The Trifid Nebula - Messier 20
The Trifid Nebula, also called M20 or NGC 6514, is located in the direction of the constellation Sagittarius, Latin for "archer", depicted as a Centaur, a half human and half horse mythical creature. It is an HII region, meaning it is interstellar atomic hydrogen that has been ionized. Like many HII regions, M20 is a star-forming region, but it is also an open star cluster, an emission nebula, a reflection nebula, and a dark nebula all rolled into one area of the sky. M20 is literally forming stars today and is located in our own Milky Way galaxy. M20 has already birthed a massive star that is about 20 times the mass of our sun and surrounded by 3100 other young stars. The region on the right of this image glows red since Ultraviolet (UV) light of surrounding stars ionizes (removes electrons from) the interstellar hydrogen gas. This gas, now positively charged, then easily recaptures negatively charged electrons resulting in an emission of a photon of light called hydrogen-alpha light seen as red on film and in CCD cameras! However, the region on the left of this image that glows blue is merely reflecting this same UV light which naturally appears blue on film and in CCD cameras. The dark lanes of material are called dark nebula that blocks light from penetrating its material. These dark areas have another name, Barnard 85 as cataloged by E.E. Barnard in the late 19th and early 20th century. In January of 2005, NASA's Spitzer Space Telescope discovered 30 embryonic stars and 120 newborn stars not yet seen in visible light. The Trifid Nebula is about 5000 light years away from Earth, and so it is very possible that other infant stars have turned on their nuclear fusion, but whose light has not yet reached us. Below is the same image as above but with older processing techniques which I have now improved upon. Note the more balanced colors, tighter star images, sharper dust and gas lanes, and better star spokes caused by the 20-inch mirrored telescope "vanes" that hold the secondary 7-inch mirror. The stats for M20 are as follows: Bright Emission/Reflection and Dark Nebula, RA 18h 02m 25s, Dec -22° 59' 00" Mag: 9.0, Size: 17.0'x12.0', Class: E+R.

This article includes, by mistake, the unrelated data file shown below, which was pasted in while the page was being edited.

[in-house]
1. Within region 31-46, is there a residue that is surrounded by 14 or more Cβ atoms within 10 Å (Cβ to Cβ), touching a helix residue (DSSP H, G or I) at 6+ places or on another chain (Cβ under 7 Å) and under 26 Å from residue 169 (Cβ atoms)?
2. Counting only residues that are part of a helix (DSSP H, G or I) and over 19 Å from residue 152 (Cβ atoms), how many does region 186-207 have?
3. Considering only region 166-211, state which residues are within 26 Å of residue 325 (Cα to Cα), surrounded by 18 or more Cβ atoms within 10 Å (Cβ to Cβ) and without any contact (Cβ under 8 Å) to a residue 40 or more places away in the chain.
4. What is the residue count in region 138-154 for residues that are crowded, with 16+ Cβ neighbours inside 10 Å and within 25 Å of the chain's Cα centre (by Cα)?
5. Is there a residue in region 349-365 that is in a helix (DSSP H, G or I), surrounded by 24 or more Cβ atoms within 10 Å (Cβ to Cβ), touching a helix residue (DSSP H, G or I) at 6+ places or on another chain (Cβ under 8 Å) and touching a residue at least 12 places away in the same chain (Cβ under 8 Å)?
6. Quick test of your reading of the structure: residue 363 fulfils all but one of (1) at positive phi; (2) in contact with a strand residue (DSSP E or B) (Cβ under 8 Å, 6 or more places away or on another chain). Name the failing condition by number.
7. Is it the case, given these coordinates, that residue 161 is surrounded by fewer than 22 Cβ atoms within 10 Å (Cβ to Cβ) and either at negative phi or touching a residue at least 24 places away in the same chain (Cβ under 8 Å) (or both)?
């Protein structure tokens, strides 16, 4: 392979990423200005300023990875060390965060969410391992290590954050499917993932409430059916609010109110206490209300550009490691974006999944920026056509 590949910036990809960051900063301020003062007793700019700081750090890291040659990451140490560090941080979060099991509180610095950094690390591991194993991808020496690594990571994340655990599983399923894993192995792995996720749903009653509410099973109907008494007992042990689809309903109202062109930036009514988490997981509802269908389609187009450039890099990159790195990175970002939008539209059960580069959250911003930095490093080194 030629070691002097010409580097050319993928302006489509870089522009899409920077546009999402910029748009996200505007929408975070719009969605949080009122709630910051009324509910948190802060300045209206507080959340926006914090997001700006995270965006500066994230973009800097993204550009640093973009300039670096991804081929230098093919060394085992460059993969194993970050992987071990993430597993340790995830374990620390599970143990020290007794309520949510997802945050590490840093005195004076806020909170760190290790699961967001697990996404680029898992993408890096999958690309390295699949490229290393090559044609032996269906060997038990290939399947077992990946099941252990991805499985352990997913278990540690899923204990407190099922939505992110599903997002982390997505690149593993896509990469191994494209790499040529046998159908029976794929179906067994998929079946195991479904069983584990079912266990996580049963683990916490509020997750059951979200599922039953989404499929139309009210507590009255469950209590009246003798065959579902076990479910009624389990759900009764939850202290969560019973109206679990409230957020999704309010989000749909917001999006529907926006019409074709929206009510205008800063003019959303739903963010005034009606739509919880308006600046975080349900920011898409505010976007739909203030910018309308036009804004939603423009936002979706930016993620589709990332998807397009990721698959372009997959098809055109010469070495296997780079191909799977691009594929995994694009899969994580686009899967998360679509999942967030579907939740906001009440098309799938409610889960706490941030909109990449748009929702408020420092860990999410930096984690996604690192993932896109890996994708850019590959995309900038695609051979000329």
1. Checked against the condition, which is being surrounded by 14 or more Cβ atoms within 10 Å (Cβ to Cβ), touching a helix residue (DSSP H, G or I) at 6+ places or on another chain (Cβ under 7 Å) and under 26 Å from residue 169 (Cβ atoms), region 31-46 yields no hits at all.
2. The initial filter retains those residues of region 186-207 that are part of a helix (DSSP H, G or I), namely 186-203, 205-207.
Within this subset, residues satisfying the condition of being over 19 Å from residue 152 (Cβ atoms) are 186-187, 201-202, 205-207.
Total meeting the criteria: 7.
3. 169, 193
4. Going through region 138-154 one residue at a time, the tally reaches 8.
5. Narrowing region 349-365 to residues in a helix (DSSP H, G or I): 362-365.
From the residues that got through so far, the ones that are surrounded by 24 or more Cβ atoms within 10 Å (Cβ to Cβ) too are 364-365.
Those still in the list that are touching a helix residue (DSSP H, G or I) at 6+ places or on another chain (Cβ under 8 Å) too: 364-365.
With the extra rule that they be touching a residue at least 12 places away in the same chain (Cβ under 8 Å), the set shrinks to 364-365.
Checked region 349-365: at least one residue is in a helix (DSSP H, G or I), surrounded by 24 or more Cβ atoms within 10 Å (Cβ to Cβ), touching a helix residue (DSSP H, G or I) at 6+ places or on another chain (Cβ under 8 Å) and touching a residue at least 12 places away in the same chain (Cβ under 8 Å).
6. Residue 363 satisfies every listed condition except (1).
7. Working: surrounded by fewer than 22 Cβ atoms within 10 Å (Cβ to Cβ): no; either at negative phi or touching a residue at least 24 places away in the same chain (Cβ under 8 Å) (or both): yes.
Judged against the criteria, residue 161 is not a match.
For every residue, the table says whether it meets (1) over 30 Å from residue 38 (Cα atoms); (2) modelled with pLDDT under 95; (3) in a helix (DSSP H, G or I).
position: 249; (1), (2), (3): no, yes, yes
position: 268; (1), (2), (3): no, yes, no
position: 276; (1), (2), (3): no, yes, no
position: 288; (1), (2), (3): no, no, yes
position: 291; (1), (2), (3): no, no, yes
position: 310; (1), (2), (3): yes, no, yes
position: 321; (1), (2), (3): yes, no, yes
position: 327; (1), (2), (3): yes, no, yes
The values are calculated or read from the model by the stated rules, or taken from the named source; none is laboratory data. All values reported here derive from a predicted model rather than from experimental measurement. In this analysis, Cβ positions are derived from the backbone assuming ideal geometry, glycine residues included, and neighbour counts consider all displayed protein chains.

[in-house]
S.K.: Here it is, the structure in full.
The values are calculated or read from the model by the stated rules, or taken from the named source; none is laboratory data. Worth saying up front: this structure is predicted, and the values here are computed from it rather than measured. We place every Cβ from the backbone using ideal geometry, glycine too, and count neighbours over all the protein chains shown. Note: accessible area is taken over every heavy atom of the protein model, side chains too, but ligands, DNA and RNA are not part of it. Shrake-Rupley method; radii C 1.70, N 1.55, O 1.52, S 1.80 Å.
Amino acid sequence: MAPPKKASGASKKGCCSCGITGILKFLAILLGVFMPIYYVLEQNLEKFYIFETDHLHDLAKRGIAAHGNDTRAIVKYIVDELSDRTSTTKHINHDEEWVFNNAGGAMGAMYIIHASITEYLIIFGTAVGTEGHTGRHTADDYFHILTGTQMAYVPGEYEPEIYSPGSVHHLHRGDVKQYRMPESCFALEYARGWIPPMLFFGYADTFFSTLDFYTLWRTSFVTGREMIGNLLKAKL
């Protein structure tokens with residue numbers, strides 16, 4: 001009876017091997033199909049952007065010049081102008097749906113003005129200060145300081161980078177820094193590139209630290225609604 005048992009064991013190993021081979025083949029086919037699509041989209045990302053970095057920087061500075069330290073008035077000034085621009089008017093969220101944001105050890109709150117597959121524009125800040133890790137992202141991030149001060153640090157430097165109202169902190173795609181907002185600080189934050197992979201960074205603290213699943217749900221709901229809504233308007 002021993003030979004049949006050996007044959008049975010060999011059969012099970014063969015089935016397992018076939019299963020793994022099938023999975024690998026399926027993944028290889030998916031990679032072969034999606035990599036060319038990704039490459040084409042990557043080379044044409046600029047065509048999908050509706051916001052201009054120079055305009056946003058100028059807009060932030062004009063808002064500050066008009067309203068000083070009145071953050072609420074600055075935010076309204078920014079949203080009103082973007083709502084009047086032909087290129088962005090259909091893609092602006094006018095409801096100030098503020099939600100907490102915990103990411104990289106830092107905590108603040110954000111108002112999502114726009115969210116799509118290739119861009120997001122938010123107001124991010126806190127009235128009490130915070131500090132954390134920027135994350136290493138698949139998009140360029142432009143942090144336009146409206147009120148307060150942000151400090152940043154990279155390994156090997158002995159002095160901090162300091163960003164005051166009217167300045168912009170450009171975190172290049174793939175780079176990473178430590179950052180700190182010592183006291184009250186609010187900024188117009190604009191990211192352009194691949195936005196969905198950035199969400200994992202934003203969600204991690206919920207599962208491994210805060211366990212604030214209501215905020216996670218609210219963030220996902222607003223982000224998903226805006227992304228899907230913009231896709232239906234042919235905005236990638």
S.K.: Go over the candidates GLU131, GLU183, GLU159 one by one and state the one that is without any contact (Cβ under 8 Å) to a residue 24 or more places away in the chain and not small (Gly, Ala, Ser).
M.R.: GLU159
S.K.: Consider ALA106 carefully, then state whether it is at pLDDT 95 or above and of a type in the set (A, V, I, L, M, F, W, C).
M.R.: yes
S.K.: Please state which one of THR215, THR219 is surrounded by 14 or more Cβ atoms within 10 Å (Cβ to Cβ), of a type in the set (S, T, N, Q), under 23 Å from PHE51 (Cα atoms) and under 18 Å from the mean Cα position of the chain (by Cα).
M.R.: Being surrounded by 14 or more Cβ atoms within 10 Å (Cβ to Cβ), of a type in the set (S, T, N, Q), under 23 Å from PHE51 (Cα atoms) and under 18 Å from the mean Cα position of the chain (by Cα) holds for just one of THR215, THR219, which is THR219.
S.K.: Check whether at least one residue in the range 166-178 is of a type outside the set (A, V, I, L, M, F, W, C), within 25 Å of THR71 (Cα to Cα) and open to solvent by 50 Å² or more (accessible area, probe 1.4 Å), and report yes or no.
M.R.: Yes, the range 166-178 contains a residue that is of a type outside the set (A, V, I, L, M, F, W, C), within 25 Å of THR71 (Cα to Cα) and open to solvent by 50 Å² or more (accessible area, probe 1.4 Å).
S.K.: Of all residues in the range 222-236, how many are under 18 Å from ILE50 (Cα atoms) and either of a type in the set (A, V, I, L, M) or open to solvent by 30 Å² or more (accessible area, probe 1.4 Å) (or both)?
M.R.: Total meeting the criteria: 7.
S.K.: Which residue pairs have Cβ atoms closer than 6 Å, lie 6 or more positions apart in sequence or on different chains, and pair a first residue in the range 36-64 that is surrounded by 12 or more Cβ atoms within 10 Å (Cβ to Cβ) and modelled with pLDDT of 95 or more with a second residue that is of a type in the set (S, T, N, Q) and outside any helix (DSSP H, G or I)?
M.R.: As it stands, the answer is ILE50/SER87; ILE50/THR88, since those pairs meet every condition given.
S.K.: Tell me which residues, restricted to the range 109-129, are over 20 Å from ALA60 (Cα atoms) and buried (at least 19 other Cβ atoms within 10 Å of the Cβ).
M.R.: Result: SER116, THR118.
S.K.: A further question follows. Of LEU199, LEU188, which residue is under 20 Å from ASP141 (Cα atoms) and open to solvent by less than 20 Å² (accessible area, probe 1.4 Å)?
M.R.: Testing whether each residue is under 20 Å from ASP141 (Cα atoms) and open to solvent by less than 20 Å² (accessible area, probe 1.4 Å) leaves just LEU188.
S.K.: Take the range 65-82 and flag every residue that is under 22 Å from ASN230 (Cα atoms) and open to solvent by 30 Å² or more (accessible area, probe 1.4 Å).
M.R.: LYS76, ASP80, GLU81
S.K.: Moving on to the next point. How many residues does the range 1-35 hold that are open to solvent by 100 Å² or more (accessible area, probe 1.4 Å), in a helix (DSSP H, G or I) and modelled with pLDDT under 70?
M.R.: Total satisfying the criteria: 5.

Optics: RC Optical System 20" F/8.2 (4165.6 mm Focal Length) Date: July - Oct 2015
Camera: SBIG STXL-11000 with Adaptive Optics Location: Columbus, Texas
Exposure: LRGB = 270:100:60:100 minutes Imager: Kent E. Biggs